Listen: How to Record a Cell Phone Call
In the 1993 film Jurassic Park, Dr. Ian Malcolm expresses his dismay over how John Hammond has irresponsibly harnessed genetic power to create dinosaurs. He says “…your scientists were so preoccupied with whether or not they could…that they didn’t stop to think if they should.” This certainly applies to recording cell phone conversations. There are both federal and state laws that limit the recording of telephone conversations. Before I talk about how to record a cell phone call I think it’s important that we talk about the law (as always, I am not a lawyer and this podcast is not meant to provide legal advice. The advice I will give you is to consult a lawyer before you attempt to record any telephone conversations.) Generally, federal law allows the recording of a phone conversation (or an in-person conversation) as long as one of the parties (you, for example) provides consent. This is referred to as “one-party consent.” If you’re not one of the parties involved in the conversation you may not record the call. However, before you run out and buy a recorder you need to know that, although most states (like Utah) are one-party consent states, a number of them are two-party consent states; that is, both parties have to give their consent to allow the recording. As of the date of this podcast they include Montana, Washington, Nevada, California, Florida, Pennsylvania, New Hampshire, Massachusetts, Connecticut, Delaware, Michigan and Maryland. This become tricky when you’re in a one-party consent state and place a call to a two-party consent state. Again, you’re going to want to consult an attorney. Now let’s talk about how to physically record a cell phone call.
Before we begin I should state that there are several phone apps you can purchase that will allow you to record a cell phone conversation. I’ve tried several of them and experienced less than stellar results. Plus, I like the ability to be able to quickly and easily record the conversation on an SD card in my digital recorder.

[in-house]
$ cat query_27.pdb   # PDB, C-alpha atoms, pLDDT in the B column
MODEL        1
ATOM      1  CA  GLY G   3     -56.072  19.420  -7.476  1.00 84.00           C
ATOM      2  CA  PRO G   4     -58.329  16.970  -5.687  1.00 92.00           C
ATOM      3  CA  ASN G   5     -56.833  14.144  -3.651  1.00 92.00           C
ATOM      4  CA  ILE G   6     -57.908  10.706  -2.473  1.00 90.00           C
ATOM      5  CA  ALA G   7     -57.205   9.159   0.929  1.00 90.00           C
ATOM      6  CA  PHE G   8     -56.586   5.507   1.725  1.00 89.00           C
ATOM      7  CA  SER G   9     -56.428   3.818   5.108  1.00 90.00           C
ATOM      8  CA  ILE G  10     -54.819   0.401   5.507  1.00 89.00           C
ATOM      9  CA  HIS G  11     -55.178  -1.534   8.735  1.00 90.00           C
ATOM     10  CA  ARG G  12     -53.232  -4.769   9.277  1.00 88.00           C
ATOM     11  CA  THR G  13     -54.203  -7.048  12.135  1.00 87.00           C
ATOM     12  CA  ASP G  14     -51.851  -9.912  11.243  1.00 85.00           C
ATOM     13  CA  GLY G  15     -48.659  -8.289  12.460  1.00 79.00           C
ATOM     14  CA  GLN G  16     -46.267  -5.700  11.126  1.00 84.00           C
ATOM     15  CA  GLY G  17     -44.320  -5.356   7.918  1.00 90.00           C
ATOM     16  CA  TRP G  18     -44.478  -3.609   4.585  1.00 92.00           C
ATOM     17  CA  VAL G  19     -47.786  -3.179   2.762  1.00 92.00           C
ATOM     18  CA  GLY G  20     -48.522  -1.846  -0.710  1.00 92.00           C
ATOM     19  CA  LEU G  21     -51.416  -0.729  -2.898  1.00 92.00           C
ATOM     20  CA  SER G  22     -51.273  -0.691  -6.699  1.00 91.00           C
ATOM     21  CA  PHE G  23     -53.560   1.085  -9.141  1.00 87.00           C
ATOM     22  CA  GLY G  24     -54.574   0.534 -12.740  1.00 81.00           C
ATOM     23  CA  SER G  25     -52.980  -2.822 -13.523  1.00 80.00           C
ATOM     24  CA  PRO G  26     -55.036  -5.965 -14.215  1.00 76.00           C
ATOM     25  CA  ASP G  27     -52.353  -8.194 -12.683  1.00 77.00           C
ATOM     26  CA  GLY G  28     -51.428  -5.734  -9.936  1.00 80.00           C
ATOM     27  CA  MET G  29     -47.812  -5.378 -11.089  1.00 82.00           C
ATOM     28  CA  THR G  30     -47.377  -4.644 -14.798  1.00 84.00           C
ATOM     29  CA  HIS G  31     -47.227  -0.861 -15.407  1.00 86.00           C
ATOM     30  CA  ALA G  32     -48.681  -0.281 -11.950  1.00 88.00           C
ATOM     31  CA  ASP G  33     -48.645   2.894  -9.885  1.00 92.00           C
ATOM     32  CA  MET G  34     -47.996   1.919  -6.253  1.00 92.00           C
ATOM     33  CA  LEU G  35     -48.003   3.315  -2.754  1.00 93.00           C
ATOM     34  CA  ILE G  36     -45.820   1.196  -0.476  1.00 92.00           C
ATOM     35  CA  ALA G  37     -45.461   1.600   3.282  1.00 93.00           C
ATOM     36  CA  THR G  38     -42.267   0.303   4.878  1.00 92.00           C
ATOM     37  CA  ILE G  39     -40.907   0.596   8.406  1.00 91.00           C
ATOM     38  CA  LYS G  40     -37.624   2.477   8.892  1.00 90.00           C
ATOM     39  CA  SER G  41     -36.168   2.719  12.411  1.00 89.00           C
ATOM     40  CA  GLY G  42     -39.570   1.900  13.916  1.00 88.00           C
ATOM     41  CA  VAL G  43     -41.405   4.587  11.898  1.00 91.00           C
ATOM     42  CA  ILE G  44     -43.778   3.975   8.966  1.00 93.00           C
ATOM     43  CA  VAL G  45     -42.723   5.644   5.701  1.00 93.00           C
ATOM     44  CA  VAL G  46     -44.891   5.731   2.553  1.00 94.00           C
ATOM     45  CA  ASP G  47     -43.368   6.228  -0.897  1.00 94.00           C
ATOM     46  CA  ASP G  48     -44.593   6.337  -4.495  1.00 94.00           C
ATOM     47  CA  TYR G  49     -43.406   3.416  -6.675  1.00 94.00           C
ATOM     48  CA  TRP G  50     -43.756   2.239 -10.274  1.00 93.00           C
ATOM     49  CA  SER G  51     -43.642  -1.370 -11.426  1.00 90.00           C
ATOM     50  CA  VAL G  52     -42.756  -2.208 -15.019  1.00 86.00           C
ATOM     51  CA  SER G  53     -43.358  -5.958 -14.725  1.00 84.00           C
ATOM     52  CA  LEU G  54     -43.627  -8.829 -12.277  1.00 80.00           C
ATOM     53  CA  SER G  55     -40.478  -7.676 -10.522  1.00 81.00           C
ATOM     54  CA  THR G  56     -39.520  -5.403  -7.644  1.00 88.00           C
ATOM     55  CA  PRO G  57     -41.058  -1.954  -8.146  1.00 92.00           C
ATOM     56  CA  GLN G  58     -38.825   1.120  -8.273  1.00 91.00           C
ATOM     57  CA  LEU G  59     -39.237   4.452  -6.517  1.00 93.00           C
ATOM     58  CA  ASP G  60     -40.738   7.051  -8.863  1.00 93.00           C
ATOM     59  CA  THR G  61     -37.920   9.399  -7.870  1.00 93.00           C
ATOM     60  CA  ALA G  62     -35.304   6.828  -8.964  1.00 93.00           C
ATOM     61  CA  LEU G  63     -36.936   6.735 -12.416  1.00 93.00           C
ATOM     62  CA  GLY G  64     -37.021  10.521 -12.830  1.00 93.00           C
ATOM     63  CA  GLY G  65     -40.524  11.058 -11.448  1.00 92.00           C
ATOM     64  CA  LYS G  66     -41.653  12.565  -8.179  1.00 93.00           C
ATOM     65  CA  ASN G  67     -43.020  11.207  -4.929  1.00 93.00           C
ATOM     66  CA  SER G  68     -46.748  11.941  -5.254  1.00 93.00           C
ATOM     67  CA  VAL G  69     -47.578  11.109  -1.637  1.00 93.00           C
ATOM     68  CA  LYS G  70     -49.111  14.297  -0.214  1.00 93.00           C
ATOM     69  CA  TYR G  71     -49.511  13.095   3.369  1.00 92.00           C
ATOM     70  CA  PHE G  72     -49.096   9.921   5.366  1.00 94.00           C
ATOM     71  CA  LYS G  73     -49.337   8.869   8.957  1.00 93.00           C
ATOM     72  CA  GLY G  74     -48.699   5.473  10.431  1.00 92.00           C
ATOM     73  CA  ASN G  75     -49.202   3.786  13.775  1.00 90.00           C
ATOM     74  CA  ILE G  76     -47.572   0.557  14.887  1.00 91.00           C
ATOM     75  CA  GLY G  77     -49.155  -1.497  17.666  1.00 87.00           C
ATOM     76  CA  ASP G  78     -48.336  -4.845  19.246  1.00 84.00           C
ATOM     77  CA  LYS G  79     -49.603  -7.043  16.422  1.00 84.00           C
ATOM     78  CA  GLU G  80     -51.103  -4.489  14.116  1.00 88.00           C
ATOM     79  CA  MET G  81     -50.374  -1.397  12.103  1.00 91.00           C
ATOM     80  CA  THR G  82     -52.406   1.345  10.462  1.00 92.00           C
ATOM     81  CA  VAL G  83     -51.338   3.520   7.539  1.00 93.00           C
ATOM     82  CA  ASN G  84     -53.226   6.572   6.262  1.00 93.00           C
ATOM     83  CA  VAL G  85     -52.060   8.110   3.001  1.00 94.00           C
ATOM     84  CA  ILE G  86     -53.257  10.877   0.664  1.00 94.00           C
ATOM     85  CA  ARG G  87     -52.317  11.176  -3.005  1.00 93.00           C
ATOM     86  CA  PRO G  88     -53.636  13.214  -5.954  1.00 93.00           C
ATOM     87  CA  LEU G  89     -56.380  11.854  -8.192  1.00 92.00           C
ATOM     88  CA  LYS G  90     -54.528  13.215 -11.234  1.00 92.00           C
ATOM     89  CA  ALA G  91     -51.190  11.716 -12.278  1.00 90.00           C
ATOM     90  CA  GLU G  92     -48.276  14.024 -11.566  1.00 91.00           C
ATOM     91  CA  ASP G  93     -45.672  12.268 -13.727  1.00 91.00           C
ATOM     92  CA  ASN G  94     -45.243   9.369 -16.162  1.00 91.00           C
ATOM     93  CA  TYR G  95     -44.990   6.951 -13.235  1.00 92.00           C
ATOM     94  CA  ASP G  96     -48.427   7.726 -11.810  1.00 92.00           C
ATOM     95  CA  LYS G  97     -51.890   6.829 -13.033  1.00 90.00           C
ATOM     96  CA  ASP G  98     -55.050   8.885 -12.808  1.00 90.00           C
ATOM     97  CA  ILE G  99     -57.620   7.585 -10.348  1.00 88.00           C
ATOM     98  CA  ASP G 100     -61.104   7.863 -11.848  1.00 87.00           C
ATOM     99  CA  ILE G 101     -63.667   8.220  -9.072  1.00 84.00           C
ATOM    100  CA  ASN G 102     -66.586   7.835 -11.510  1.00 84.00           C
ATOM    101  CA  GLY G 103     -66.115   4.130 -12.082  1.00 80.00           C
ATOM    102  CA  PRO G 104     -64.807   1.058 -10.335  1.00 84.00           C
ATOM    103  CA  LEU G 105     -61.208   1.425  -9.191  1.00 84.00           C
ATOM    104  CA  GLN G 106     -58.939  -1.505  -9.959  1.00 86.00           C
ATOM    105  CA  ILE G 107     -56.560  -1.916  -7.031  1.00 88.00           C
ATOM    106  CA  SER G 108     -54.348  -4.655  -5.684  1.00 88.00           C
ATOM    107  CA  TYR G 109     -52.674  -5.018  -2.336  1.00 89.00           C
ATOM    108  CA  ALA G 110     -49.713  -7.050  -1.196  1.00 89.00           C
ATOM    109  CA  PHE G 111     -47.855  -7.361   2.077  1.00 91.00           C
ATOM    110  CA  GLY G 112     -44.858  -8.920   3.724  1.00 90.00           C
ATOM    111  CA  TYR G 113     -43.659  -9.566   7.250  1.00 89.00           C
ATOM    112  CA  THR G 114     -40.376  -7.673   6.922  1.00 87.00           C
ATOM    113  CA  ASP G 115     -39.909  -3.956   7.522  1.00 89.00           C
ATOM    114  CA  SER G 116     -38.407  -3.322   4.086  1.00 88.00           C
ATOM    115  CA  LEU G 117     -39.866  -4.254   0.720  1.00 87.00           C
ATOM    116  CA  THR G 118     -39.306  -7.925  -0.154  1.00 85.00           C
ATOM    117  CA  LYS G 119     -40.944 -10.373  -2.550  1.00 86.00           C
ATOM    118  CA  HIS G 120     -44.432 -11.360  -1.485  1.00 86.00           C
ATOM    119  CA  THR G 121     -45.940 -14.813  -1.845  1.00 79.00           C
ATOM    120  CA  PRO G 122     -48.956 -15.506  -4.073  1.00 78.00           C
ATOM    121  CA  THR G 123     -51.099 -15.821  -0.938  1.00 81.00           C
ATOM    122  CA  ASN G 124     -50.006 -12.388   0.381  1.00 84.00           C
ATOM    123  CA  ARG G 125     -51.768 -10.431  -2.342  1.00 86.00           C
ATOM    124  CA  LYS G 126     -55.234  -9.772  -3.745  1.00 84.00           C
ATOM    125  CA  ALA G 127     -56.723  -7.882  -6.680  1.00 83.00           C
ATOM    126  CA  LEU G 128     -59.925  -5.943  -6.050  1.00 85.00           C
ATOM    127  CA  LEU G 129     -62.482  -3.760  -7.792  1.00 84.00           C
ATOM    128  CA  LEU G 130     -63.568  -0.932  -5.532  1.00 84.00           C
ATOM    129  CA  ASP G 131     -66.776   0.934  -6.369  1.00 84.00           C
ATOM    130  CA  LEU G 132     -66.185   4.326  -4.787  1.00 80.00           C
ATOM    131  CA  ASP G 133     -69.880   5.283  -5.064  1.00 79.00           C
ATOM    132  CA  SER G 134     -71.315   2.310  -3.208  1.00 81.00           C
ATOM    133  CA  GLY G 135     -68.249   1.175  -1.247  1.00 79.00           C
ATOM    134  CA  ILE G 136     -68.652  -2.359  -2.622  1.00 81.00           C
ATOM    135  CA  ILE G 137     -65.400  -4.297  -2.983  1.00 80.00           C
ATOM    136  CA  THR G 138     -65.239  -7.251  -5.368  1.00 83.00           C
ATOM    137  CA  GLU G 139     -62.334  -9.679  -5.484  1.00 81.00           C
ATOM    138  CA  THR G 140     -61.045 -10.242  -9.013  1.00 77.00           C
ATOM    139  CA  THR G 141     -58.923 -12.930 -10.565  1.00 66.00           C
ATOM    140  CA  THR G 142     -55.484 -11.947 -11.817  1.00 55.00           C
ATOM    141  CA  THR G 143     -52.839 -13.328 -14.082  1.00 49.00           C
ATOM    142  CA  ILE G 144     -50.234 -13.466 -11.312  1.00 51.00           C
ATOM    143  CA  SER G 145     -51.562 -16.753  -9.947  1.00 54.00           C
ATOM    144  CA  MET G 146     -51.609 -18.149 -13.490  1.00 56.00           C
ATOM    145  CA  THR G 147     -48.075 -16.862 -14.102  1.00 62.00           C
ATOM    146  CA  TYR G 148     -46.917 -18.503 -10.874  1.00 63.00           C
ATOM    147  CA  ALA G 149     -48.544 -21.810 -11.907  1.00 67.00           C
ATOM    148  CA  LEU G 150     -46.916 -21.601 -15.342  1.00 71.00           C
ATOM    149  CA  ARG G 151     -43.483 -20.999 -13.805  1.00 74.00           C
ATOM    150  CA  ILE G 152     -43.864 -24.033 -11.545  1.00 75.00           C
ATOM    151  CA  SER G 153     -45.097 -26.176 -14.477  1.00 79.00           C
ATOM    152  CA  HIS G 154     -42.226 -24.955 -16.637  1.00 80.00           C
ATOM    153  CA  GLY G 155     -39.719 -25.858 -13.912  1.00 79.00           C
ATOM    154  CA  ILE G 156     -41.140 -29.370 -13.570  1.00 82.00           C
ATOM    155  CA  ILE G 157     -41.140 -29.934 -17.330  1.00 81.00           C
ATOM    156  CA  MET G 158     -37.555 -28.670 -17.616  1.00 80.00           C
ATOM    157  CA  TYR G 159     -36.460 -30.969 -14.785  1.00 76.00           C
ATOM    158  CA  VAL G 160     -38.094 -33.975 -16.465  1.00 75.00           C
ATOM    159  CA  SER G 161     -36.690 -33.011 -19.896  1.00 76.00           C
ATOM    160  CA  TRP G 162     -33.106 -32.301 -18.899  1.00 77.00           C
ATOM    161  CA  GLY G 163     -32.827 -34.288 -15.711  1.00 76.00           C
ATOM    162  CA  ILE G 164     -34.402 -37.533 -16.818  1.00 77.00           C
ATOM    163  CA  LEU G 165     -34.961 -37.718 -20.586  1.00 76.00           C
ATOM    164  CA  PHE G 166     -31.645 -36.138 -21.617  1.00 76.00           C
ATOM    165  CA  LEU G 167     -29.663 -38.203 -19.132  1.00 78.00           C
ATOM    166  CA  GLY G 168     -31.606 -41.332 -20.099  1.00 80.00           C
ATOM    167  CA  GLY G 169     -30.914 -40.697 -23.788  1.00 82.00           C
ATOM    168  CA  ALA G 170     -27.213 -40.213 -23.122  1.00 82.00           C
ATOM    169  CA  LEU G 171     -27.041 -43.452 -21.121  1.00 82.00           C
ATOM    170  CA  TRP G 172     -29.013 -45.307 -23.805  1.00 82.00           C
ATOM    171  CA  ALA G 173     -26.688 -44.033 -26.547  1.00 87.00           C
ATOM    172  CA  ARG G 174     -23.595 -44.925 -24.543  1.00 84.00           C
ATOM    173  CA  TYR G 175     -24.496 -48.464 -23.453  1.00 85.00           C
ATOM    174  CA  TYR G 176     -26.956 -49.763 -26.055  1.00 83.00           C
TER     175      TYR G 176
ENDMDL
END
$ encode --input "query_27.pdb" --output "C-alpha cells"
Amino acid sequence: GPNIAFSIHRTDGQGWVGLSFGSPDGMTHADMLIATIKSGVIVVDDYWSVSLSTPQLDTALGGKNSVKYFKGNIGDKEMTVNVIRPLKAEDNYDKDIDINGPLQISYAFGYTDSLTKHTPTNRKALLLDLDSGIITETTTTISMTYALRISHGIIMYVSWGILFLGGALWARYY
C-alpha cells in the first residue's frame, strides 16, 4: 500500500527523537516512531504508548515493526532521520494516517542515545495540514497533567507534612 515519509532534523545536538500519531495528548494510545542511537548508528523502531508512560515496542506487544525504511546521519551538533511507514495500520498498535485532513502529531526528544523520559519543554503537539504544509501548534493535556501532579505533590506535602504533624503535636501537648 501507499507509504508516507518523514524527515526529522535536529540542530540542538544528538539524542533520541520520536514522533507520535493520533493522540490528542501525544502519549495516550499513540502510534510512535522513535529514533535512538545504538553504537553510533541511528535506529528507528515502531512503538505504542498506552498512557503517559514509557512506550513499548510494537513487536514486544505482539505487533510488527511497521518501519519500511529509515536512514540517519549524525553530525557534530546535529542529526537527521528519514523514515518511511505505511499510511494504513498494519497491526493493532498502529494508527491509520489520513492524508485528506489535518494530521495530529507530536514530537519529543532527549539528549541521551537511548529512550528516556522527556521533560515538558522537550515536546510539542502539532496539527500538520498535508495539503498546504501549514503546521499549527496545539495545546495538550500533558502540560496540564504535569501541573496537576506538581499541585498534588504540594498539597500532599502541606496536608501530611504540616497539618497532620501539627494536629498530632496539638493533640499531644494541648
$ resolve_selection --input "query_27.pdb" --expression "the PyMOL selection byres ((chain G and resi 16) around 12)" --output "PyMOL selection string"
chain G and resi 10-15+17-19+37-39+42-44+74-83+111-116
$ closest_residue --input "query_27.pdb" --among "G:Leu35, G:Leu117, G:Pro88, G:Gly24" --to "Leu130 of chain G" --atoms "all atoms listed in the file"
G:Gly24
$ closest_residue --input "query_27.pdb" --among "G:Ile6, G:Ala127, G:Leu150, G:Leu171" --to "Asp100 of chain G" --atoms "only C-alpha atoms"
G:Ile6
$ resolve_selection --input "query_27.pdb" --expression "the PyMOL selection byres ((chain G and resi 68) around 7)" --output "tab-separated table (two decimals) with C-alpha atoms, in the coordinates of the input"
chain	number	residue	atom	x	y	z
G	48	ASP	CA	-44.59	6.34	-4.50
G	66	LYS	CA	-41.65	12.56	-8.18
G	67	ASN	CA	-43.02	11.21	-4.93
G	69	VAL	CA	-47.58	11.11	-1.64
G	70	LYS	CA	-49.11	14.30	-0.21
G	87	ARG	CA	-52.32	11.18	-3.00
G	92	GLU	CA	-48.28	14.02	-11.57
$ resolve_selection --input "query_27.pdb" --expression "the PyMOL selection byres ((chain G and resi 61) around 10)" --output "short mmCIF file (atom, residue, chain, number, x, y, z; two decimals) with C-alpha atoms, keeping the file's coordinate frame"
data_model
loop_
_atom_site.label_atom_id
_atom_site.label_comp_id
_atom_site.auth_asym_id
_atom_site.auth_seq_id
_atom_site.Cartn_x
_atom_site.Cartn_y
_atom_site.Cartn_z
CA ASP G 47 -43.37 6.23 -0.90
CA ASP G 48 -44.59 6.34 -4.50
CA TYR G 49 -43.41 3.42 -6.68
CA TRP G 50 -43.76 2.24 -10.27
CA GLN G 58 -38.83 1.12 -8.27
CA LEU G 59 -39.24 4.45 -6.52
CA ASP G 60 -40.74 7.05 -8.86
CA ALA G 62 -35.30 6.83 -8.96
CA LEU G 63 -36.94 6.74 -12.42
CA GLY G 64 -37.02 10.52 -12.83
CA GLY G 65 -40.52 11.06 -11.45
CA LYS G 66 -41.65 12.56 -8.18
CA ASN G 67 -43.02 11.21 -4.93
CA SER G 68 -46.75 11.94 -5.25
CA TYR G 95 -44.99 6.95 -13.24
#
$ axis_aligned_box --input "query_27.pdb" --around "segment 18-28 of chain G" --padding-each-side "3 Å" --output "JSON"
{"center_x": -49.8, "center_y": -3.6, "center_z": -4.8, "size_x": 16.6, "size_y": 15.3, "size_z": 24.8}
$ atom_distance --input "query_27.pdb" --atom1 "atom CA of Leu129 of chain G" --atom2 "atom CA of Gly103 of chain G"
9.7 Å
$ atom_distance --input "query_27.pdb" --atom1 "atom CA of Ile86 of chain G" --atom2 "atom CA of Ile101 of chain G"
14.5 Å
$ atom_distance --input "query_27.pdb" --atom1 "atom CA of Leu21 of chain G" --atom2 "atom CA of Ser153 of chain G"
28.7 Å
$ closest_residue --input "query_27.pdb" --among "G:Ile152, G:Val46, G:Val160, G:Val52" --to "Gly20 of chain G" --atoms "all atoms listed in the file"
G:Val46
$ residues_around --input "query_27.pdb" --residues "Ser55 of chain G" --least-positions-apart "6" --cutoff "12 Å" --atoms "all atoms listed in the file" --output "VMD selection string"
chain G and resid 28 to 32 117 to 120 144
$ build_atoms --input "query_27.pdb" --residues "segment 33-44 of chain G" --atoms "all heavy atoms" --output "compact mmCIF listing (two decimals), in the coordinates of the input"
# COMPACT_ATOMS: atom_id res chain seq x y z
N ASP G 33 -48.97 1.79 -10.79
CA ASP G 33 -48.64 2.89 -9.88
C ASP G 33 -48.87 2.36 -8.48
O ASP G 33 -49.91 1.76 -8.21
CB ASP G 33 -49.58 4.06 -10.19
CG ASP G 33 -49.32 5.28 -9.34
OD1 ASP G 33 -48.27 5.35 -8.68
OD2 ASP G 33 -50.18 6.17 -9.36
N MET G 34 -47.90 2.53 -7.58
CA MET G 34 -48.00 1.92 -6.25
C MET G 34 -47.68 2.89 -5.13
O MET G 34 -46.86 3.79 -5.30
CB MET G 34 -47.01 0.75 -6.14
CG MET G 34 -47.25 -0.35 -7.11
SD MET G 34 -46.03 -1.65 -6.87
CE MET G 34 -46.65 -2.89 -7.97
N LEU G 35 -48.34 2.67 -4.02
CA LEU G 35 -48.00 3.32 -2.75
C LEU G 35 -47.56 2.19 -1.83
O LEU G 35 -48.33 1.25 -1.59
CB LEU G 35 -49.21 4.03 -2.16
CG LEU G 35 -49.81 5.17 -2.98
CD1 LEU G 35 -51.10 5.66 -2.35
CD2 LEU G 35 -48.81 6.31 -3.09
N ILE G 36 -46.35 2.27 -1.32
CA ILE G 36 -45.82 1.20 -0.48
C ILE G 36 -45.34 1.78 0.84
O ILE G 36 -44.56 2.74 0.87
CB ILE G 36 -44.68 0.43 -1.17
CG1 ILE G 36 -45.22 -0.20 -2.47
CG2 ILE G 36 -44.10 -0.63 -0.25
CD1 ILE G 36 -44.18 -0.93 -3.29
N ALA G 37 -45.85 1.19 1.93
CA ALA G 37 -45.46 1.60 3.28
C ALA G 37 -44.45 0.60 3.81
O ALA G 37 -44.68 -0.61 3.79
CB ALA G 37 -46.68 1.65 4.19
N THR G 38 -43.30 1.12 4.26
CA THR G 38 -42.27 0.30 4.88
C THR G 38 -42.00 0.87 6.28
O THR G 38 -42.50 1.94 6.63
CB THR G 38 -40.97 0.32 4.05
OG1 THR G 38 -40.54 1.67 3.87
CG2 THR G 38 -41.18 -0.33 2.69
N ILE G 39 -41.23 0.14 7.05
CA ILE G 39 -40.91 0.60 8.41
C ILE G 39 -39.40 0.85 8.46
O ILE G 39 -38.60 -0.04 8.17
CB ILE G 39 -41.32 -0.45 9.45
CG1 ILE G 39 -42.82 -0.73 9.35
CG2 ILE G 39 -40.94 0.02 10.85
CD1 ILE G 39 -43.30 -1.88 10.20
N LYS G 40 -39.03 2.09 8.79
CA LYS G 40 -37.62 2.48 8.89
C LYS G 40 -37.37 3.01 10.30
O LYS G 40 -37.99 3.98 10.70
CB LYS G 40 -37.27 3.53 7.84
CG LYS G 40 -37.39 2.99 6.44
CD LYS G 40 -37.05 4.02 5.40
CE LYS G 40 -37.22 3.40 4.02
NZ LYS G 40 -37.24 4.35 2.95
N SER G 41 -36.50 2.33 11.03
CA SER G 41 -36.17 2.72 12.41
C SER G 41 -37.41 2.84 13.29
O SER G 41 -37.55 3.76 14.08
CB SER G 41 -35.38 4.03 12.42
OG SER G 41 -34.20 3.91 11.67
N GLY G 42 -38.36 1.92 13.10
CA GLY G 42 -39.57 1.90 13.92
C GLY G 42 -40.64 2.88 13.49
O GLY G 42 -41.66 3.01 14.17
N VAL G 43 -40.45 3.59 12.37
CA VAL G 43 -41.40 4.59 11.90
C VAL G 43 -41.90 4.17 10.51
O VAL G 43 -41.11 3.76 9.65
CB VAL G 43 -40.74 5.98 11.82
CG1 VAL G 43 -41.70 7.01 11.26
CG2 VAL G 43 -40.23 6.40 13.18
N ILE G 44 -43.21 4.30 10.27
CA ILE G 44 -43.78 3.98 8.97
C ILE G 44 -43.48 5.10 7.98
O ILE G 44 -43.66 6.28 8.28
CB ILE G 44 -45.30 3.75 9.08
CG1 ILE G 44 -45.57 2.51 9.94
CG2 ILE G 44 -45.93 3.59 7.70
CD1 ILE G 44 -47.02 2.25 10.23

To record a cell phone call you’ll need 3 items: a cell phone, a digital recorder, and a microphone (also called a telephone pick-up microphone). We will not be attaching anything to the cell phone so this method works with every cell phone including Apple, Android, Windows, etc. It also works with every digital recorder that accepts a 3.5mm microphone jack. With regards to the telephone pick-up microphone, I’ve had the best success with the Olympus TP-8 Telephone Pick-up Microphone found on Amazon for around $10.00 to $15.00.
The process is completed 3 simple steps: 1. Plug the telephone pick-up microphone into the microphone jack on the digital recorder and press the record button. 2. Place the ear bud of the telephone pick-up microphone into your ear. 3. Pick up your cell phone, place it next to the ear that has the microphone ear bud in it and make your call. That’s it. The ear bud microphone will record both sides of the conversation.
Make sure you avoid the two most common mistakes in this process. First, make sure the ear bud of the telephone pick-up microphone is in the same ear where you place your cell phone. And second, Even though the telephone pick-up microphone looks like an ear bud – it’s not. It’s a microphone. Make sure you plug it into the microphone jack NOT the earphone jack. And of course, make sure you consult with an attorney before you record a conversation. By the way, you can also see the video version of this podcast, How to record a cell phone conversation, on the Utah Gumshoe’s YouTube channel here.
Until next time,
This is Scott Fulmer, the Utah Gumshoe, reminding you the game…if afoot!
About The Utah Gumshoe Podcast
The Utah Gumshoe Podcast follows the real-life exploits, riveting case stories, investigative tips and insightful advice of Scott Fulmer, The Utah Gumshoe. Scott is a 20 year veteran Utah private investigator, surveillance expert and President/CEO of intellUTAH, a private investigation firm based in Salt Lake City.
He has written numerous articles on investigative and surveillance techniques that have appeared in PInow.com and other industry journals. He is a decorated combat veteran of the Persian Gulf War where he served with the famous 2nd Armored Division (Hell on Wheels). Whether you're a novice or an experienced investigator this is the podcast for you.